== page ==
Date: Wed, 11 Nov 2009 22:25:52 -0500
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From: "Samuella B. Sigmann" <sigmannsb**At_Symbol_Here**APPSTATE.EDU>
Subject: Re: Chemistry Dept Lab Safety course
In-Reply-To: <OF1798C9E2.A012CF6E-ON8525766B.004CCC33-8525766B.004E3C65**At_Symbol_Here**>

Hi Kim - I have been teaching a Chemical Safety Course for 3 years now.  We have not yet made it mandatory for our majors, but are considering it.  I presented the course as a workshop at the 2008 CSHEMA conference.  I have lots of materials (slideshows, etc) if you are interested.  The materials are specific for our university and state, so there would have to be some modification for other institutions and states.  The main thrust of the course is the development of a "Safety Culture" for the next generation of students working with chemicals and teaching students how to locate information.  Both of these things will serve students well in academics or industry.  I also welcome students from Art, Technology, and any of the sciences.  I will be converting this to an online course and, in fact, already have some on line materials in the course.  My current course is 1 credit and we meet 1 hr/week. 

I do things like have students create an MSDS for a chemical where they are the manufacturer.  I have students risk assessment report for an experiment.  We do walk through inspections (this is not possible online or with a large class).  Use CSB videos for case studies.

Particularly helpful sites for teaching:
NOAA's site CAMEO Chemicals -
NIH's ChemIDPlus Advanced -
CSB's site -

I would be happy to share slideshows if you are interested.

Below is an excerpt from my syllabus.

Course Description: This course will focus on safety education for students perusing careers in fields where chemicals and chemical processes are involved.  As recommended in the ACS statement, “Safety and Safety Education” (Committee on Professional Training in the Undergraduate Professional Education in Chemistry: Guidelines and Evaluation Procedures, Topical Supplements to the Guidelines), safety must be an integral part of the chemistry curriculum.  In this course, we will address the areas of Safety Awareness, Health and Safety Information, and Safety Procedures and Processes.  The primary focus of the material presented will be on directed toward best practices in the academic laboratory and The Laboratory Standard. Course methods will involve lecture, AsULearn, on-site laboratory observations, and guest speakers when possible. Prerequisites: Chem1101& 1110 OR Instructor permission.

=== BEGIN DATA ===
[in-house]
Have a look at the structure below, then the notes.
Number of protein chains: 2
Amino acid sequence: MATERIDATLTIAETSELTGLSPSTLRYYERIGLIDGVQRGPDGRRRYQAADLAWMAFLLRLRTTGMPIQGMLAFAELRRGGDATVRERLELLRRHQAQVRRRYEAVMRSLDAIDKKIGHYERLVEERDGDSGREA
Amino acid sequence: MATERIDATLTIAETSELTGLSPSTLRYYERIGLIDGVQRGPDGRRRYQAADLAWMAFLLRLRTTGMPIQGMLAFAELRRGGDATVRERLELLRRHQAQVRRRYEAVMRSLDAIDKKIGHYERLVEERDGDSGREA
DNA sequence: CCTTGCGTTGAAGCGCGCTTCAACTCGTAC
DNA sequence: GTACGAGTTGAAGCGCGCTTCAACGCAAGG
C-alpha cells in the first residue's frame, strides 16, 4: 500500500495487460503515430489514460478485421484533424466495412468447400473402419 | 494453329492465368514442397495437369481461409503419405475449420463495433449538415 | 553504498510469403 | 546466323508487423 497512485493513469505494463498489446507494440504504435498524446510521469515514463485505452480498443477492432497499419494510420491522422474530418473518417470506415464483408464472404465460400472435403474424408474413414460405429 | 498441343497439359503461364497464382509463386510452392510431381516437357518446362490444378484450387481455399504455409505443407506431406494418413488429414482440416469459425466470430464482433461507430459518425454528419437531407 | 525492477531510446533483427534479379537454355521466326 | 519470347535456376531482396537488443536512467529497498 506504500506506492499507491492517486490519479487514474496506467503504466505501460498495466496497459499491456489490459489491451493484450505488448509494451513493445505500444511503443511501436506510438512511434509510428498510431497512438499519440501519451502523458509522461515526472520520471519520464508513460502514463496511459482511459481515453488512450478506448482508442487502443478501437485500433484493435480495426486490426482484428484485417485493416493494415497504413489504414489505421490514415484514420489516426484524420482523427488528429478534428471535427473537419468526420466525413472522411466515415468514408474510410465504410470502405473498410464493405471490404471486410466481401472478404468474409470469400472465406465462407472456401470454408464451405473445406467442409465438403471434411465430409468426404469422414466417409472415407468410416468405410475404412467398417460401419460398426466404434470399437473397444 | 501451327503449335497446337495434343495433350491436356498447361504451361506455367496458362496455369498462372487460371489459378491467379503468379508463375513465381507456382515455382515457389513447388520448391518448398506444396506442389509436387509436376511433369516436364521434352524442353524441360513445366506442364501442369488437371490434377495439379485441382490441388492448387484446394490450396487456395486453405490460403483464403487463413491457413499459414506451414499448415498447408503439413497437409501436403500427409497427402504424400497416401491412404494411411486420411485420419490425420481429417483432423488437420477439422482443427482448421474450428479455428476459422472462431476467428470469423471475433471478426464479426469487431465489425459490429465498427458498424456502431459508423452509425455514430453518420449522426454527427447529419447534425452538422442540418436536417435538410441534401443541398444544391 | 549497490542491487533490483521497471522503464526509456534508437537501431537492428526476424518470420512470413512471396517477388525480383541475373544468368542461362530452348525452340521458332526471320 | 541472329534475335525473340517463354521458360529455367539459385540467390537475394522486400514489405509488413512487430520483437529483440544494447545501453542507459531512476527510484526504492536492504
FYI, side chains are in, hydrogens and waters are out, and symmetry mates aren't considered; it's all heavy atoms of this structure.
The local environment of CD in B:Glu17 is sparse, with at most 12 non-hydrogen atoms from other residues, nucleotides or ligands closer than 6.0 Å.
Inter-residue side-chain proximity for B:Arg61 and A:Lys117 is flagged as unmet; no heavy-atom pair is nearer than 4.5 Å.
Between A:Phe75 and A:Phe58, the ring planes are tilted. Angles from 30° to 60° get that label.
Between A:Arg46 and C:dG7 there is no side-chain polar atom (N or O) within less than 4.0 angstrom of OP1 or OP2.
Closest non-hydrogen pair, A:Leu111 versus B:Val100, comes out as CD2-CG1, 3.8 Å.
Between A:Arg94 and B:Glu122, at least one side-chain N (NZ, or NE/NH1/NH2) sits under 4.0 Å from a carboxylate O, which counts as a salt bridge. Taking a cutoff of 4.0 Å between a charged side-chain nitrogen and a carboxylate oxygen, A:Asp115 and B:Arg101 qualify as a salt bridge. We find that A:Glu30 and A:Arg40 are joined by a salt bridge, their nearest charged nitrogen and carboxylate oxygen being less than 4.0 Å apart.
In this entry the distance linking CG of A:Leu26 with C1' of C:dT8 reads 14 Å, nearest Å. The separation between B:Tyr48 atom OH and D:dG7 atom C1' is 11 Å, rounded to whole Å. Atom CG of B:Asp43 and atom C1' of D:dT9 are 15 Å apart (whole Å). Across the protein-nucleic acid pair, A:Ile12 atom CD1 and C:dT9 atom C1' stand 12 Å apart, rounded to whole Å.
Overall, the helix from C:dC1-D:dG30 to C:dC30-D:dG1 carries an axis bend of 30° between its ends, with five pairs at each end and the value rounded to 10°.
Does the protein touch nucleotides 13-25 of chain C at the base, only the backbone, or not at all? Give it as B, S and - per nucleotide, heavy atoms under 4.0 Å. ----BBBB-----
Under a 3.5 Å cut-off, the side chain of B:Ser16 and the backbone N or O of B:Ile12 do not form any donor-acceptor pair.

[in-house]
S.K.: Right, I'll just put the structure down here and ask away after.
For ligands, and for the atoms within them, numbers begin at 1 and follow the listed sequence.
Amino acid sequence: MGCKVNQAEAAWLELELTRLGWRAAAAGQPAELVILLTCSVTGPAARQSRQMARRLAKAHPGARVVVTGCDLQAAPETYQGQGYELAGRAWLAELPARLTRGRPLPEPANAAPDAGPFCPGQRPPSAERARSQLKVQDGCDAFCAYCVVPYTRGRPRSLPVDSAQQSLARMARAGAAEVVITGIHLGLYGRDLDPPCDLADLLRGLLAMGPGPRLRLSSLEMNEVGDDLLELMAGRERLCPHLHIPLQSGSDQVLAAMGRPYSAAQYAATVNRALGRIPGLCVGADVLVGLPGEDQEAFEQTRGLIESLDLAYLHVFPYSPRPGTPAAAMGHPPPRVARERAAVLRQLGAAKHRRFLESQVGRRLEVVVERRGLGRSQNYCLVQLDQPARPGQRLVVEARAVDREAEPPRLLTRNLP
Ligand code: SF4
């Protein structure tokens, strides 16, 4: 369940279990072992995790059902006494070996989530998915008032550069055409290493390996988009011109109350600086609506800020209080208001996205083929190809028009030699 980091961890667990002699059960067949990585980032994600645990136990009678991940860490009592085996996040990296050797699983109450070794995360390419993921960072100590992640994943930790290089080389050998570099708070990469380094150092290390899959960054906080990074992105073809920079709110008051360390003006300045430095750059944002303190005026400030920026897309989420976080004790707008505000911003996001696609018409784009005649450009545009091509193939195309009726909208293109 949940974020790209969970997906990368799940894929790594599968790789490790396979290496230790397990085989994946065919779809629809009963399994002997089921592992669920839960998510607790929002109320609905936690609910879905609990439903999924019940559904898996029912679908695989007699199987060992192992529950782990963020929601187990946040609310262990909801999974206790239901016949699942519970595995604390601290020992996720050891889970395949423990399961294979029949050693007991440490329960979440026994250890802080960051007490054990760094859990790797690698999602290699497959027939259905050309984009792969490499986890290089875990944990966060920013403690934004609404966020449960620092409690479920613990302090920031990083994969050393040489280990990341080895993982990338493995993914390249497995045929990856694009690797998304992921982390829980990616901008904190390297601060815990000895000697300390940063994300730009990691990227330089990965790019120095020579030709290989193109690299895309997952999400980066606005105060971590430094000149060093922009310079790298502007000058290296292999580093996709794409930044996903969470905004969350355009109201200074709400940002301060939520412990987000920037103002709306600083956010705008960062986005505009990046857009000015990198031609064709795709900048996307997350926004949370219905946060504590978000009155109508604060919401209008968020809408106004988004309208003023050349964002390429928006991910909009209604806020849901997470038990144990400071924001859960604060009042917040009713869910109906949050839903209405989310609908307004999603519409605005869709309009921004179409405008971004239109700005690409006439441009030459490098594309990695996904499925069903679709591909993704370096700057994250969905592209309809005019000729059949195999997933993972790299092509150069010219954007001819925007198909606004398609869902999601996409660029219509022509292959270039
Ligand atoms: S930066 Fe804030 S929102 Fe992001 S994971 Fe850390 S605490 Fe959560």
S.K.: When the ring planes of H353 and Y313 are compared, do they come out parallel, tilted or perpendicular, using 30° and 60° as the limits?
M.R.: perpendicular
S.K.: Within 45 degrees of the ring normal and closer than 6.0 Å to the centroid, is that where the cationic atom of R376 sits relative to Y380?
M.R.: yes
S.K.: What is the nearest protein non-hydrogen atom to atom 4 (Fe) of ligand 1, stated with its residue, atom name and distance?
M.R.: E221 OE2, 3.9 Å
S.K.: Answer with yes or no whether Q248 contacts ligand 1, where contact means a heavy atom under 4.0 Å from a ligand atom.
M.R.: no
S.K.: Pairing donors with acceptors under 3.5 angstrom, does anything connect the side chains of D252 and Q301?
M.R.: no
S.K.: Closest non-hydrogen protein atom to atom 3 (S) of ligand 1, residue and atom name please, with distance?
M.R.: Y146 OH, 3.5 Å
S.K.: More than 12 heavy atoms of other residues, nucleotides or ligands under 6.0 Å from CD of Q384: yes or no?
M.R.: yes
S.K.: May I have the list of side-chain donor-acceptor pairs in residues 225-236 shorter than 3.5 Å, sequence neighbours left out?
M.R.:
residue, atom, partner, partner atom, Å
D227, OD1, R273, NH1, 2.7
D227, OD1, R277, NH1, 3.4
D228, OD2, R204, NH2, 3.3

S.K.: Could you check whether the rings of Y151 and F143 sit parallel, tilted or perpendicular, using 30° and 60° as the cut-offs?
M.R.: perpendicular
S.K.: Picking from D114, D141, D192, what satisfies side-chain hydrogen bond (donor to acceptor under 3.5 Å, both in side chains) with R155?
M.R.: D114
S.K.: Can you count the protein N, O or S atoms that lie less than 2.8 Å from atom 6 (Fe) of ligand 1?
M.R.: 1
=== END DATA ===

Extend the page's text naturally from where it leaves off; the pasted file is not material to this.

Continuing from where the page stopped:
Text and Readings

Course Topics (as time permits)



Don’t always believe what you think.

Samuella B. Sigmann, NRCC-CHO
Lecturer/Safety Committee Chair
A. R. Smith Department of Chemistry
Appalachian State University
525 Rivers Street
Boone, NC   28608
Phone: 828 262 2755
Fax: 828 262 6558
Email: sigmannsb**At_Symbol_Here**

Kim Auletta wrote:

Our Chemistry Dept. is considering a mandatory 1 credit Master's level Lab Safety Course!!! I know you're all as excited about this as I am! Its especially interesting that this came up the same week that a chemical company rep on this list (who we happen to by A LOT of chemicals from!) said that they will reconsider the safety-ability of their new hires directly from academia.

I've been asked to help develop & provide material for the course. They want it to be an on-line course required for all graduate level Chem majors. I'm looking to all of you for input on what should be included! They envision this course to meet the ACS accreditation requirements and go beyond my OSHA CHP training. You can post to the list or email me directly. I'll compile & post the final results to this list. Thanks in advance for your help.

1. Is your college/university offering or requiring an academic lab safety course (above & beyond the OSHA & EPA requirements)?  If yes, how is it delivered (live vs. on line)? How many credits? Can you share your syllabus?

2. What topics do you think should be included?

3. Since this is to be an on-line course, do you know of any videos, etc. that could be used to demonstrate techniques (eg - as suggested by the recent tubing removal discussion)?

4. Any other advice?

Kim Auletta
Lab Safety Specialist
Stony Brook University
EH&S Web site:

Remember to wash your hands!

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